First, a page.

Conventional beamformer weights
wt = cbfweights(pos,ang) returns narrowband conventional beamformer weights. When applied to the elements of a sensor array, these weights steer the response of the array to a specified arrival direction or set of directions. The sensor array is defined by the sensor positions specified in the pos argument. The arrival directions are specified by azimuth and elevation angles in the ang argument. The output weights, wt, are returned as an N-by-M matrix. In this matrix, N represents the number of sensors in the array while M represents the number of arrival directions. Each column of wt contains the weights for the corresponding direction specified in the ang. The argument wt is equivalent to the output of the function steervec divided by N. All elements in the sensor array are assumed to be isotropic.
Specify a line array of five elements spaced 10 cm apart. Compute the weights for two directions: 30° azimuth, 0° elevation, and 45° azimuth, 0° elevation. Assume a plane wave having a frequency of 1 GHz.
elementPos = (0:.1:.4); % meters c = physconst('LightSpeed'); % speed of light; fc = 1e9; % frequency lam = c/fc; % wavelength ang = [30 45]; % beamforming direction wt = cbfweights(elementPos/lam,ang) % weights
wt = 0.2000 + 0.0000i 0.2000 + 0.0000i 0.0999 + 0.1733i 0.0177 + 0.1992i -0.1003 + 0.1731i -0.1969 + 0.0353i -0.2000 - 0.0004i -0.0527 - 0.1929i -0.0995 - 0.1735i 0.1875 - 0.0696i
Positions of the elements of a sensor array specified as a 1-by-N vector, a 2-by-N matrix, or a 3-by-N matrix. In this vector or matrix, N represents the number of elements of the array. Each column of pos represents the coordinates of an element. You define sensor position units in term of signal wavelength. If pos is a 1-by-N vector, then it represents the y-coordinate of the sensor elements of a line array. The x and z-coordinates are assumed to be zero. If pos is a 2-by-N matrix, then it represents the (y,z)-coordinates of the sensor elements of a planar array which is assumed to lie in the yz-plane. The x-coordinates are assumed to be zero. If pos is a 3-by-N matrix, then the array has arbitrary shape.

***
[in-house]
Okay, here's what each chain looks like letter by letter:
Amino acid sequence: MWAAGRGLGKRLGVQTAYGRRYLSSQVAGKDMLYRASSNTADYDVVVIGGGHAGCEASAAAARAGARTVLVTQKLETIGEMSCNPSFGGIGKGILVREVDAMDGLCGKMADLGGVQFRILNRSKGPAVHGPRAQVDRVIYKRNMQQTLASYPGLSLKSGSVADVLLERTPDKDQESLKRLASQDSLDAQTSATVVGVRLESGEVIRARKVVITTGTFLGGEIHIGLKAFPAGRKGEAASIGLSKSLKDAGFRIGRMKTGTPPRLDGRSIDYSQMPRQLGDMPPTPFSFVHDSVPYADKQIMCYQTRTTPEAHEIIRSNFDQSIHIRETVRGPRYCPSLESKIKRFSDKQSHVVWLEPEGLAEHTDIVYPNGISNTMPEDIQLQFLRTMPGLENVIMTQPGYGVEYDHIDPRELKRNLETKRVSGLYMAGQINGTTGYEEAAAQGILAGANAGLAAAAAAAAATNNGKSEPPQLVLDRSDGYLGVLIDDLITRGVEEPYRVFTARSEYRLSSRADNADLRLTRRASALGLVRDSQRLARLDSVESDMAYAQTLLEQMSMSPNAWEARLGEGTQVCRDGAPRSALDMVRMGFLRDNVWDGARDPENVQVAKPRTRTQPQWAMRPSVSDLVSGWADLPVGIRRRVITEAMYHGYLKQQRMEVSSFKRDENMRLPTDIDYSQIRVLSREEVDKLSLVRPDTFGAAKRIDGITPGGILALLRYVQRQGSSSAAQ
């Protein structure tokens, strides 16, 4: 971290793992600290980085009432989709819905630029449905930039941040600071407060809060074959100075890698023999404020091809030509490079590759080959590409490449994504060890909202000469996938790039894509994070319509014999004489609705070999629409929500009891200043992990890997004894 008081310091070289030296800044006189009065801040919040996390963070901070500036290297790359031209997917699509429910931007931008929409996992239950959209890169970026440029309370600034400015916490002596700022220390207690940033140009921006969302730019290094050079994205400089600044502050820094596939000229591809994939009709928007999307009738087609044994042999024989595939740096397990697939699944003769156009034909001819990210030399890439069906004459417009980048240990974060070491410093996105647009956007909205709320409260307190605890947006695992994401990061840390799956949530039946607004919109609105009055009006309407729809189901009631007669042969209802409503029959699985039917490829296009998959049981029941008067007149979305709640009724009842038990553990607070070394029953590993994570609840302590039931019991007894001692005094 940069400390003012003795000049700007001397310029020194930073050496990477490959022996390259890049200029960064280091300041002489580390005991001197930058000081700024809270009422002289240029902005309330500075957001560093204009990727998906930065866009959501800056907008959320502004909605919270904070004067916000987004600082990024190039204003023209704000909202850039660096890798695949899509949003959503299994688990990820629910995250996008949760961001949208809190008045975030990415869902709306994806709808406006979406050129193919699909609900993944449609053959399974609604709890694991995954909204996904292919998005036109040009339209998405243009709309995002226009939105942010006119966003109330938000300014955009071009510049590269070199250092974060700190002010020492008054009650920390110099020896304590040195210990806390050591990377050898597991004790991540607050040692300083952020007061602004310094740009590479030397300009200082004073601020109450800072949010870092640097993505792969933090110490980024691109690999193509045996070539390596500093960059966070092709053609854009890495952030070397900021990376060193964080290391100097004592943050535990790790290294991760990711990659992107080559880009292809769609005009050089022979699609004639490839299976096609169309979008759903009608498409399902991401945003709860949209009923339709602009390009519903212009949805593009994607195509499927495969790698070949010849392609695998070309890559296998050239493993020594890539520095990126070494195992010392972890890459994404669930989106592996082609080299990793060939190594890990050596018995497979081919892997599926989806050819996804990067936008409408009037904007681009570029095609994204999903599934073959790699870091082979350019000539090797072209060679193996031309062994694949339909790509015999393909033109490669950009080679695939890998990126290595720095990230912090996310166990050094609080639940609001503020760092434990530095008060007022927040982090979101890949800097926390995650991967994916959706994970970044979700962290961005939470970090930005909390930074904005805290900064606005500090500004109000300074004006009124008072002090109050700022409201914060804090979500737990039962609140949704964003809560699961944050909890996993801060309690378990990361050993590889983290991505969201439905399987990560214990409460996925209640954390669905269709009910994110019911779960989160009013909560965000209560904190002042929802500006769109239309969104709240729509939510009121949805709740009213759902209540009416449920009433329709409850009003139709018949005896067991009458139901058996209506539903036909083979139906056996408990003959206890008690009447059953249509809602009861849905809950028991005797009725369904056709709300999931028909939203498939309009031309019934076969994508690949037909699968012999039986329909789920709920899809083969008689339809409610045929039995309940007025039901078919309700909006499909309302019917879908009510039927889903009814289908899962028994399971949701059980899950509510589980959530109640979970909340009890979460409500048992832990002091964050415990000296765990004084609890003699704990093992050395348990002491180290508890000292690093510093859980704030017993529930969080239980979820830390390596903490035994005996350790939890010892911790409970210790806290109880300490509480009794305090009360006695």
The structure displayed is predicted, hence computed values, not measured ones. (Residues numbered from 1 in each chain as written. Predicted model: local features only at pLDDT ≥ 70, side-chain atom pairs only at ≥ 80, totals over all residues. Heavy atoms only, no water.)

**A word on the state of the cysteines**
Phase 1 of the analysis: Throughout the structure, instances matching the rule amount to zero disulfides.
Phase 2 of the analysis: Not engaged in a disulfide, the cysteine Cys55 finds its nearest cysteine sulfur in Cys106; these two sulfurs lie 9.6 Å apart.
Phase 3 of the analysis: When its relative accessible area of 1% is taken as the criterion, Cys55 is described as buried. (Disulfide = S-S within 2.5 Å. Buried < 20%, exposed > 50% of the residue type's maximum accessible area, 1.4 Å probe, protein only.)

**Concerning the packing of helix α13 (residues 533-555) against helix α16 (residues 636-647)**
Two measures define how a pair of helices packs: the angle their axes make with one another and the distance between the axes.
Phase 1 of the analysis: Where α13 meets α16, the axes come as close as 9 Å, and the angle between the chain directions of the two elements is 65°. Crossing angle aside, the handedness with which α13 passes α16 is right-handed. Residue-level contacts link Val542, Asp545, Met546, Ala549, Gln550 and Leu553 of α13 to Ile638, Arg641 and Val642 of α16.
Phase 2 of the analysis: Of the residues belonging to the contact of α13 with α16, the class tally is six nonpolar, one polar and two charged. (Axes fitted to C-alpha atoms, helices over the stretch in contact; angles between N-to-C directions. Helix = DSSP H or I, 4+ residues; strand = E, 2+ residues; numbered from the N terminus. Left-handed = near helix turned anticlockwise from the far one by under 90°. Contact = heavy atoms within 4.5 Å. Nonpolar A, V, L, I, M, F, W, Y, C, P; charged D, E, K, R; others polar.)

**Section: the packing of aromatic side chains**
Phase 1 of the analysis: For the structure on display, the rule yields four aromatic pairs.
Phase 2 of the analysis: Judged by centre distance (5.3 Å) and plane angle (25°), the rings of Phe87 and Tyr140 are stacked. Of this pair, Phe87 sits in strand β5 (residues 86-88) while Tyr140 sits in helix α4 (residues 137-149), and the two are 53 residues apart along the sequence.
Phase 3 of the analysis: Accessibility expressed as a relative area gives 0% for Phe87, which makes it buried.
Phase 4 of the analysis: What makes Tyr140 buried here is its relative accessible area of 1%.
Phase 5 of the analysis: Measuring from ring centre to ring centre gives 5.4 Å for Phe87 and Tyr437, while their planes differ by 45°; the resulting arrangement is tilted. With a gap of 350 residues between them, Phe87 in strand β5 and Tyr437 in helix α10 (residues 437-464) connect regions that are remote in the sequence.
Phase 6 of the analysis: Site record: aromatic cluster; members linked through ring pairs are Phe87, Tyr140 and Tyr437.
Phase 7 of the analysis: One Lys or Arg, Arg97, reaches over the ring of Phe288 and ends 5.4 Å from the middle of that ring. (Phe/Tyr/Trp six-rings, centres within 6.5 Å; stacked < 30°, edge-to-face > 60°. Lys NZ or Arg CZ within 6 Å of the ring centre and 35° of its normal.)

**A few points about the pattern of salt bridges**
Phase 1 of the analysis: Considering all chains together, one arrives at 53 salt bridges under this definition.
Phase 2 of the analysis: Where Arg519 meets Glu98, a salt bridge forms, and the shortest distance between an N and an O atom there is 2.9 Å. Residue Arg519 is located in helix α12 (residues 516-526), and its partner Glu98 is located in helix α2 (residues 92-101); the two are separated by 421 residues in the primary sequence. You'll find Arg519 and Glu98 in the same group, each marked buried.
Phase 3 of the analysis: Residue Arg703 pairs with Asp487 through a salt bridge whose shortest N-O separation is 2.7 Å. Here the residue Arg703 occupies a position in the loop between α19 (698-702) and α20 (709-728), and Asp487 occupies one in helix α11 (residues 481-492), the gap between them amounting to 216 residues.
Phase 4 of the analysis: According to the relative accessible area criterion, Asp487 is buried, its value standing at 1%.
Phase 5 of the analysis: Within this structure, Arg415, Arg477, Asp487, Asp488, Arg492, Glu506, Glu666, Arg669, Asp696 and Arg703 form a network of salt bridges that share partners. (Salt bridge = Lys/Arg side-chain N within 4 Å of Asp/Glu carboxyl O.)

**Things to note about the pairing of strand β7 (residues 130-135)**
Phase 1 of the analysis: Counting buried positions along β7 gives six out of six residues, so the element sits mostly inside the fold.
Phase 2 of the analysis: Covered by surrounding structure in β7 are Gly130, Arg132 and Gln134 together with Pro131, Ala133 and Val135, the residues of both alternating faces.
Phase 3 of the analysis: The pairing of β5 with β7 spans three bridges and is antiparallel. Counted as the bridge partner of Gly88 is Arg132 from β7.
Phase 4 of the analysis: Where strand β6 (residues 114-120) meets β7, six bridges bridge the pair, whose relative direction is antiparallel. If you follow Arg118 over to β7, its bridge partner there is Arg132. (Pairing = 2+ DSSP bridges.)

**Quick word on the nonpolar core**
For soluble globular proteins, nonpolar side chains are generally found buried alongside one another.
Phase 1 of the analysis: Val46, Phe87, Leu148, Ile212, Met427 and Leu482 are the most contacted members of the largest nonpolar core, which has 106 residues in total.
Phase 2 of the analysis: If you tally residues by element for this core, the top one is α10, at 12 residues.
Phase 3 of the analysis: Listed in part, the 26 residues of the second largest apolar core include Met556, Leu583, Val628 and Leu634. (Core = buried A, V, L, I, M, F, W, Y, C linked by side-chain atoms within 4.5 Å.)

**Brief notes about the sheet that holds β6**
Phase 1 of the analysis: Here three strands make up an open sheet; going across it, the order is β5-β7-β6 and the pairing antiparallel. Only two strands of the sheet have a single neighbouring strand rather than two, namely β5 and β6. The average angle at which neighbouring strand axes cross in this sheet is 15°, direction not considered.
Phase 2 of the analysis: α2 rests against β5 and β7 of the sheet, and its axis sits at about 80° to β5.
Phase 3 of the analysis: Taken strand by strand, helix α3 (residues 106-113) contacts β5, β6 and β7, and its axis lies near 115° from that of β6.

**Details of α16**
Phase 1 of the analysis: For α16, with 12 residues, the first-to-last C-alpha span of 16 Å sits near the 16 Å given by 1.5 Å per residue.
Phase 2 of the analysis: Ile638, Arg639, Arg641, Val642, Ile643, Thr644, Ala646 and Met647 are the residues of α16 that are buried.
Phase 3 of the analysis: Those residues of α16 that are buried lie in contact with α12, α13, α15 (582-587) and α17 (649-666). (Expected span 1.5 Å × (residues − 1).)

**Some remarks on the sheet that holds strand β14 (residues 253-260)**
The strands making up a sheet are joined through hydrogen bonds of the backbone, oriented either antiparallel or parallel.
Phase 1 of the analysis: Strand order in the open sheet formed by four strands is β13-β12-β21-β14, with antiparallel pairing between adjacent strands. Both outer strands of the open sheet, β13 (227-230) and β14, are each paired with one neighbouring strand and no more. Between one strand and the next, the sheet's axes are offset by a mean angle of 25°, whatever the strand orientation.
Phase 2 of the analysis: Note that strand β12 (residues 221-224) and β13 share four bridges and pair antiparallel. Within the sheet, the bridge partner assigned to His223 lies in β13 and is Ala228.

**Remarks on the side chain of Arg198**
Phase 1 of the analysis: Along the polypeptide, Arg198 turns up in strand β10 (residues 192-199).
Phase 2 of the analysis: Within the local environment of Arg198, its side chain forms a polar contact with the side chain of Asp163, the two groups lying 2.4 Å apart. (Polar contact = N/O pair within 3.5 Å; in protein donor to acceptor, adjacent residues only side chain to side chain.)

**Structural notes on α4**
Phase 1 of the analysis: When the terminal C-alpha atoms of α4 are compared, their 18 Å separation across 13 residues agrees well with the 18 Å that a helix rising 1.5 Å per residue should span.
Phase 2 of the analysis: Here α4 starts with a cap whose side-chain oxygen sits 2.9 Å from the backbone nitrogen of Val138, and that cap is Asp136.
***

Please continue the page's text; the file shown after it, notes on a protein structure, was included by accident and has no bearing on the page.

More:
Example: [0, 0, 0; .1, .2, .3; 0,0,0]
Data Types: double
Beamforming directions specified as a 1-by-M vector or a 2-by-M matrix. In this vector or matrix, M represents the number of incoming signals. If ang is a 2-by-M matrix, each column specifies the direction in azimuth and elevation of the beamforming direction as [az;el]. Angular units are specified in degrees. The azimuth angle must lie between –180° and 180° and the elevation angle must lie between –90° and 90°. The azimuth angle is the angle between the x-axis and the projection of the beamforming direction vector onto the xy plane. The angle is positive when measured from the x-axis toward the y-axis. The elevation angle is the angle between the beamforming direction vector and xy-plane. It is positive when measured towards the positive z axis. If ang is a 1-by-M vector, then it represents a set of azimuth angles with the elevation angles assumed to be zero.
Data Types: double
Beamformer weights returned as a N-by-M complex-valued matrix. In this matrix, N represents the number of sensor elements of the array while M represents the number of beamforming directions. Each column of wt corresponds to a beamforming direction specified in ang.
 Van Trees, H.L. Optimum Array Processing. New York, NY: Wiley-Interscience, 2002.
 Johnson, Don H. and D. Dudgeon. Array Signal Processing. Englewood Cliffs, NJ: Prentice Hall, 1993.
 Van Veen, B.D. and K. M. Buckley. "Beamforming: A versatile approach to spatial filtering". IEEE ASSP Magazine, Vol. 5 No. 2 pp. 4–24.